Baxter International ($BAX), which has faced FDA criticism for operations at some of its plants, is recalling 5 lots of products after particulate was found in two different solutions. While the FDA was the agency to issue a MedWatch alert, the recall goes well beyond the U.S.
The drugmaker said it is voluntarily recalling at the hospital and user level a single lot of 5% dextrose injection, USP and four lots of 0.9% sodium chloride injection. The recall is for products shipped to Singapore, Saudi Arabia and the United Arab Emirates as well as the U.S. and Puerto Rico.
Dextrose is injected into patients as a source of water and calories, while sodium chloride is injected as a source of water and electrolytes and used as a priming solution in hemodialysis. The company said there have been no reports of problems but warned that an injection of particles can cause allergic reactions or even blockages that could lead to a stroke or heart attack.
The FDA last year issued a warning letter to Baxter for its plant in Jayuya, Puerto Rico, along with a plant in Marion, NC, where inspectors noted mold in the filling area. The FDA said in the May 2013 warning letter that both facilities had not gotten on top of problems observed in earlier visits. Among other problems at the Marion plant, the FDA criticized Baxter for not getting to the root of mold problems that led it to stop production on its large-volume parenteral line.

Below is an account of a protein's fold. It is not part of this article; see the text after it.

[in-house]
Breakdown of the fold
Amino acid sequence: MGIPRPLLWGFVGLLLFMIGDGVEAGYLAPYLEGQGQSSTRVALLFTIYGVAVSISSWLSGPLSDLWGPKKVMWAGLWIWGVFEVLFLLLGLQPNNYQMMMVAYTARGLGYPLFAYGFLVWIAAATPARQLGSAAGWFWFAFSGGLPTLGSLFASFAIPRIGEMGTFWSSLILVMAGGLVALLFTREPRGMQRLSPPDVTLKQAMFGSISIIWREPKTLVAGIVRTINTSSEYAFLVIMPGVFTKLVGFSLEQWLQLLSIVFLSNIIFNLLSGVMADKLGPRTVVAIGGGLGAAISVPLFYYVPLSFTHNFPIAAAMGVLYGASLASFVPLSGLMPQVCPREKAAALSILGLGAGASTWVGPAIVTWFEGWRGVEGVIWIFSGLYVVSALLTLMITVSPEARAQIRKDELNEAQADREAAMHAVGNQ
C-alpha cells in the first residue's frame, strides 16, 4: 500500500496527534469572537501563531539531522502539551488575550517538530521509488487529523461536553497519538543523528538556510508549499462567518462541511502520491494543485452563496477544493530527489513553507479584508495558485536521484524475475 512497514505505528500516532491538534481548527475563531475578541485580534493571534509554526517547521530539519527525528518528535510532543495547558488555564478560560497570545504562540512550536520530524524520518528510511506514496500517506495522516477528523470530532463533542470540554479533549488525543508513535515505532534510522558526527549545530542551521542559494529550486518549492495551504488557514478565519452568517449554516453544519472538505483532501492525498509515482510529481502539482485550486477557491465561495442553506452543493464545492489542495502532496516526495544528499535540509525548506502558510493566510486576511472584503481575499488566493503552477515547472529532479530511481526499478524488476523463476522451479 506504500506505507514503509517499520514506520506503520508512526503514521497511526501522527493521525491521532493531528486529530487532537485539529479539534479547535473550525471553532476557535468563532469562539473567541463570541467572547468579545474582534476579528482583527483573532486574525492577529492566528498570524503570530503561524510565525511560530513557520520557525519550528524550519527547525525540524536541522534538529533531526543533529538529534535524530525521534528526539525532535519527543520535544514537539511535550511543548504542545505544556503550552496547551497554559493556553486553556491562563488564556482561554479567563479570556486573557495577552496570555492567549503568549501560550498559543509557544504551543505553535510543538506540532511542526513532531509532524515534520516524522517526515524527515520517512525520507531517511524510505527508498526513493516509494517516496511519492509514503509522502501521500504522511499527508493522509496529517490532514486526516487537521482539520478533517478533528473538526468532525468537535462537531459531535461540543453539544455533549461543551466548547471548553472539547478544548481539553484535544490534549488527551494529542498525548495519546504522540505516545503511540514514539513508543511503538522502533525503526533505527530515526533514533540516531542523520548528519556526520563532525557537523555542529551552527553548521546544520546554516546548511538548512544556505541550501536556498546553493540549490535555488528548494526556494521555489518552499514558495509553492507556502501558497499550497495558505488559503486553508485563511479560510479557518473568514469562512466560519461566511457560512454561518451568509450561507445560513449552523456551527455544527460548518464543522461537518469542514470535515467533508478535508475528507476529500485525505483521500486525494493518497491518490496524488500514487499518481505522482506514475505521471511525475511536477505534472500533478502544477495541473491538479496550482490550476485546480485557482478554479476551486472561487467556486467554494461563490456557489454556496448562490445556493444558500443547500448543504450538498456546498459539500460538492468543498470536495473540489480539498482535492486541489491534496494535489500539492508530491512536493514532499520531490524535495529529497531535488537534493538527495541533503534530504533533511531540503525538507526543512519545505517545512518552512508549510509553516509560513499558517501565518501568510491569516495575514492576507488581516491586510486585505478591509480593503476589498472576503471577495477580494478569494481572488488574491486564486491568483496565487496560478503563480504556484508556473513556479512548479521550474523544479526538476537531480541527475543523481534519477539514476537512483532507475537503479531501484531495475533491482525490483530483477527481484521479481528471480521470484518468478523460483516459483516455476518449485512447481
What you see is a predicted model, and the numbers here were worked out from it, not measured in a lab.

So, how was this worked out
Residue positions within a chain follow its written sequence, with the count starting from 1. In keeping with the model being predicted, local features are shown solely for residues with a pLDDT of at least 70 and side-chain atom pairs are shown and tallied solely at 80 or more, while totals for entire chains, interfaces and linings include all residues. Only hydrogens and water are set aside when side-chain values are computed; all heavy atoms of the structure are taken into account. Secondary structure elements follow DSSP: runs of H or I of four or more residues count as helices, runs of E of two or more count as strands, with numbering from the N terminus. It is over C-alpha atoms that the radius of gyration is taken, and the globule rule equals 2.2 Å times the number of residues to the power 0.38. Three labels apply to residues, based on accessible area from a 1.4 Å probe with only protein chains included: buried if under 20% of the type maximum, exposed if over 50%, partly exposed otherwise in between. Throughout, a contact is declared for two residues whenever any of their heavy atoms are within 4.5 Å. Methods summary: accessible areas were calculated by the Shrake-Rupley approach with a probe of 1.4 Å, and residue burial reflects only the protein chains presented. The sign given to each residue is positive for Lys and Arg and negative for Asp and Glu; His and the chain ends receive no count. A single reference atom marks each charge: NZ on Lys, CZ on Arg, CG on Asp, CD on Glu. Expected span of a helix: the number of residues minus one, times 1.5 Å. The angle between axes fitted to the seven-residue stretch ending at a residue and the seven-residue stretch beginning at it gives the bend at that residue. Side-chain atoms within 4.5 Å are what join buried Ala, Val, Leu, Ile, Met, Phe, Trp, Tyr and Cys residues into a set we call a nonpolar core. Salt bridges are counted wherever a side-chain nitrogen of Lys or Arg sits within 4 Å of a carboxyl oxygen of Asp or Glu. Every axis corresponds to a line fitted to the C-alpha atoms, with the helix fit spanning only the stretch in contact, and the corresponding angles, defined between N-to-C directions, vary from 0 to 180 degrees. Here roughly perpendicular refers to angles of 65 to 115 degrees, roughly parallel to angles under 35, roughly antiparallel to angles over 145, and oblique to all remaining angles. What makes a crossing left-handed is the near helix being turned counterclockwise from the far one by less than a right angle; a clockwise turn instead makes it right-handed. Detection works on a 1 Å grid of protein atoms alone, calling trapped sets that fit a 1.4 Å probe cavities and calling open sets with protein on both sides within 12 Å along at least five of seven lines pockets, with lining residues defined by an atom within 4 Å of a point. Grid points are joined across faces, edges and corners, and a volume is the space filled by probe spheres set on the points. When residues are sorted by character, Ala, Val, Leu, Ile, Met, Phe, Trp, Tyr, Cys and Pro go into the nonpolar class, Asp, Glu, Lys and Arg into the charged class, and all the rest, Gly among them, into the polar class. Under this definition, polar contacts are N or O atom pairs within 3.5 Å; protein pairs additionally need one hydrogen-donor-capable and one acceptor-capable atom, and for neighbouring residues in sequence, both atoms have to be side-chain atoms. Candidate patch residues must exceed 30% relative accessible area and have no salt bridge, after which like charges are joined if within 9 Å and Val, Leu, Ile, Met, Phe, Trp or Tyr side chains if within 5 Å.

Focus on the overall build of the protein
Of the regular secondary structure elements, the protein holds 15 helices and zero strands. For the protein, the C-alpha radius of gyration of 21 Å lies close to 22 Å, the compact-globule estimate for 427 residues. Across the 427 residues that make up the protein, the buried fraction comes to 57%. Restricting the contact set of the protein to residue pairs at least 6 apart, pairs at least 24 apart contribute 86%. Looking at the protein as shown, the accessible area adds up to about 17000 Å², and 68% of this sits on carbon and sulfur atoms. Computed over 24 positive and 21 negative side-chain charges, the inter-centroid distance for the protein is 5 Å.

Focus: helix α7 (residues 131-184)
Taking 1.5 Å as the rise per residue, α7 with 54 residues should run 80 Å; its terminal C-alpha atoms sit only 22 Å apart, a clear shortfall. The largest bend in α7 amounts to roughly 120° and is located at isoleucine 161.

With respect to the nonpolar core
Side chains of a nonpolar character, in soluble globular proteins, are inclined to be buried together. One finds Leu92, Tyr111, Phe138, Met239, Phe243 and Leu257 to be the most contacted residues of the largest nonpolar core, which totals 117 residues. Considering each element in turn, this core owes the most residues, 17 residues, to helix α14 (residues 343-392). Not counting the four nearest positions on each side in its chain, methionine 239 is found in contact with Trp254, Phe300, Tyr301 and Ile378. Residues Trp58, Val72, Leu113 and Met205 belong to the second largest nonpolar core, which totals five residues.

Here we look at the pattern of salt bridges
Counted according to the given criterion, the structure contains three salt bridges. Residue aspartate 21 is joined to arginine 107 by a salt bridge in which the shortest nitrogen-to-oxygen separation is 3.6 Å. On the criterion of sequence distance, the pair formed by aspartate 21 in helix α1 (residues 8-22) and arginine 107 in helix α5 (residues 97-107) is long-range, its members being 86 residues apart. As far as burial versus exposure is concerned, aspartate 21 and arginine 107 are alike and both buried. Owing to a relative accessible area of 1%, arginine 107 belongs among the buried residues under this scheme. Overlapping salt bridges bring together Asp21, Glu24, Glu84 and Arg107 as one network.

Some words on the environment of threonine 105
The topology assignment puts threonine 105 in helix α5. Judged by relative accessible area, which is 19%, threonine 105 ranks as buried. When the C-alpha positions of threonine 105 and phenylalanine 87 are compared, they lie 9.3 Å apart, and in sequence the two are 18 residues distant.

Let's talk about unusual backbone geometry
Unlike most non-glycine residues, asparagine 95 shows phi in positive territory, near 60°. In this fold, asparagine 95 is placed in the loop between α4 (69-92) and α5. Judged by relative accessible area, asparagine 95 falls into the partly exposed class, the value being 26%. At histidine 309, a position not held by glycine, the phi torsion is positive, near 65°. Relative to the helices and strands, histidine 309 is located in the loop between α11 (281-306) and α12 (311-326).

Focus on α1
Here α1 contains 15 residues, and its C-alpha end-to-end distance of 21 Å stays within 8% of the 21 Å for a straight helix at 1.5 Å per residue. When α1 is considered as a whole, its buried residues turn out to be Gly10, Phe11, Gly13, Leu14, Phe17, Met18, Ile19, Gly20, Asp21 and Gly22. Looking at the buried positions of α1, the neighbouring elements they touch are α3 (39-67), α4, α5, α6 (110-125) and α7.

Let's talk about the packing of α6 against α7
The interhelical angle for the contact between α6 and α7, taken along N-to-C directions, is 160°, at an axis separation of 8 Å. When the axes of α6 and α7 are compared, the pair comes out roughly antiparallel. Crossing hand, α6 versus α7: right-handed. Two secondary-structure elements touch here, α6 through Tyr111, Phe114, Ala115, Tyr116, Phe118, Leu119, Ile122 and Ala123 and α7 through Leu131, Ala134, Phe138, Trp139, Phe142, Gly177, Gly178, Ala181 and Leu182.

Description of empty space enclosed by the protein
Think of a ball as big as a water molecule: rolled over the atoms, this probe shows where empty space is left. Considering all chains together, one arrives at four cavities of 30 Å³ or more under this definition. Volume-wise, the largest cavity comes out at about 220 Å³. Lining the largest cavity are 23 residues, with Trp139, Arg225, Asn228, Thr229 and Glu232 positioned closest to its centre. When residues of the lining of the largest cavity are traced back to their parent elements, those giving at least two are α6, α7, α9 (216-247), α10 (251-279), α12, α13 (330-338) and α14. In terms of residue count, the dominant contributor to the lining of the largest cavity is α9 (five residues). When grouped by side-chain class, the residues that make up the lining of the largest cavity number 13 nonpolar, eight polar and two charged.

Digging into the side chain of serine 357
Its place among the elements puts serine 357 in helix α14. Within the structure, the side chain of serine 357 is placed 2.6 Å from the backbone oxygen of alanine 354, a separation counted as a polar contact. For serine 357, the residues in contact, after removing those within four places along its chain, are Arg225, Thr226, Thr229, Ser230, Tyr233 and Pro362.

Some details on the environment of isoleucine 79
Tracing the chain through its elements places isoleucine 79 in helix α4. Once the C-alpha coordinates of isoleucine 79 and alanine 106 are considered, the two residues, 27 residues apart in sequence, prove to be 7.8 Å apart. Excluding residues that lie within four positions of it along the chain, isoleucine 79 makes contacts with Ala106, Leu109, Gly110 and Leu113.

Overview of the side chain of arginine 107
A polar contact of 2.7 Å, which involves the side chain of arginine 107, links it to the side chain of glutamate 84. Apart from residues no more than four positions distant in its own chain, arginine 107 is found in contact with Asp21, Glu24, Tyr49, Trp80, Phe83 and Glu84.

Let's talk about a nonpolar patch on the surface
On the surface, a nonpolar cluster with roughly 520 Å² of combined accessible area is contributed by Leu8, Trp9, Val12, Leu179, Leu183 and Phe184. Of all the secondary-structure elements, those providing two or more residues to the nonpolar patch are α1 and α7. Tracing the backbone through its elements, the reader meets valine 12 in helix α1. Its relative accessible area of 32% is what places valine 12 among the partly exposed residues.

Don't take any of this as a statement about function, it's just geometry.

The FDA said at the Puerto Rico facility, which had been cited previously, Baxter reported 20 nonconformance reports on liquid products containing everything from skin to human hair to rayon and that there was no indication that its processes were sound enough to prevent the problem on an ongoing basis. It also was was criticized for how it handled problems with leaky solution bags.
- here's the recall announcement
- here's the FDA MedWatch safety alert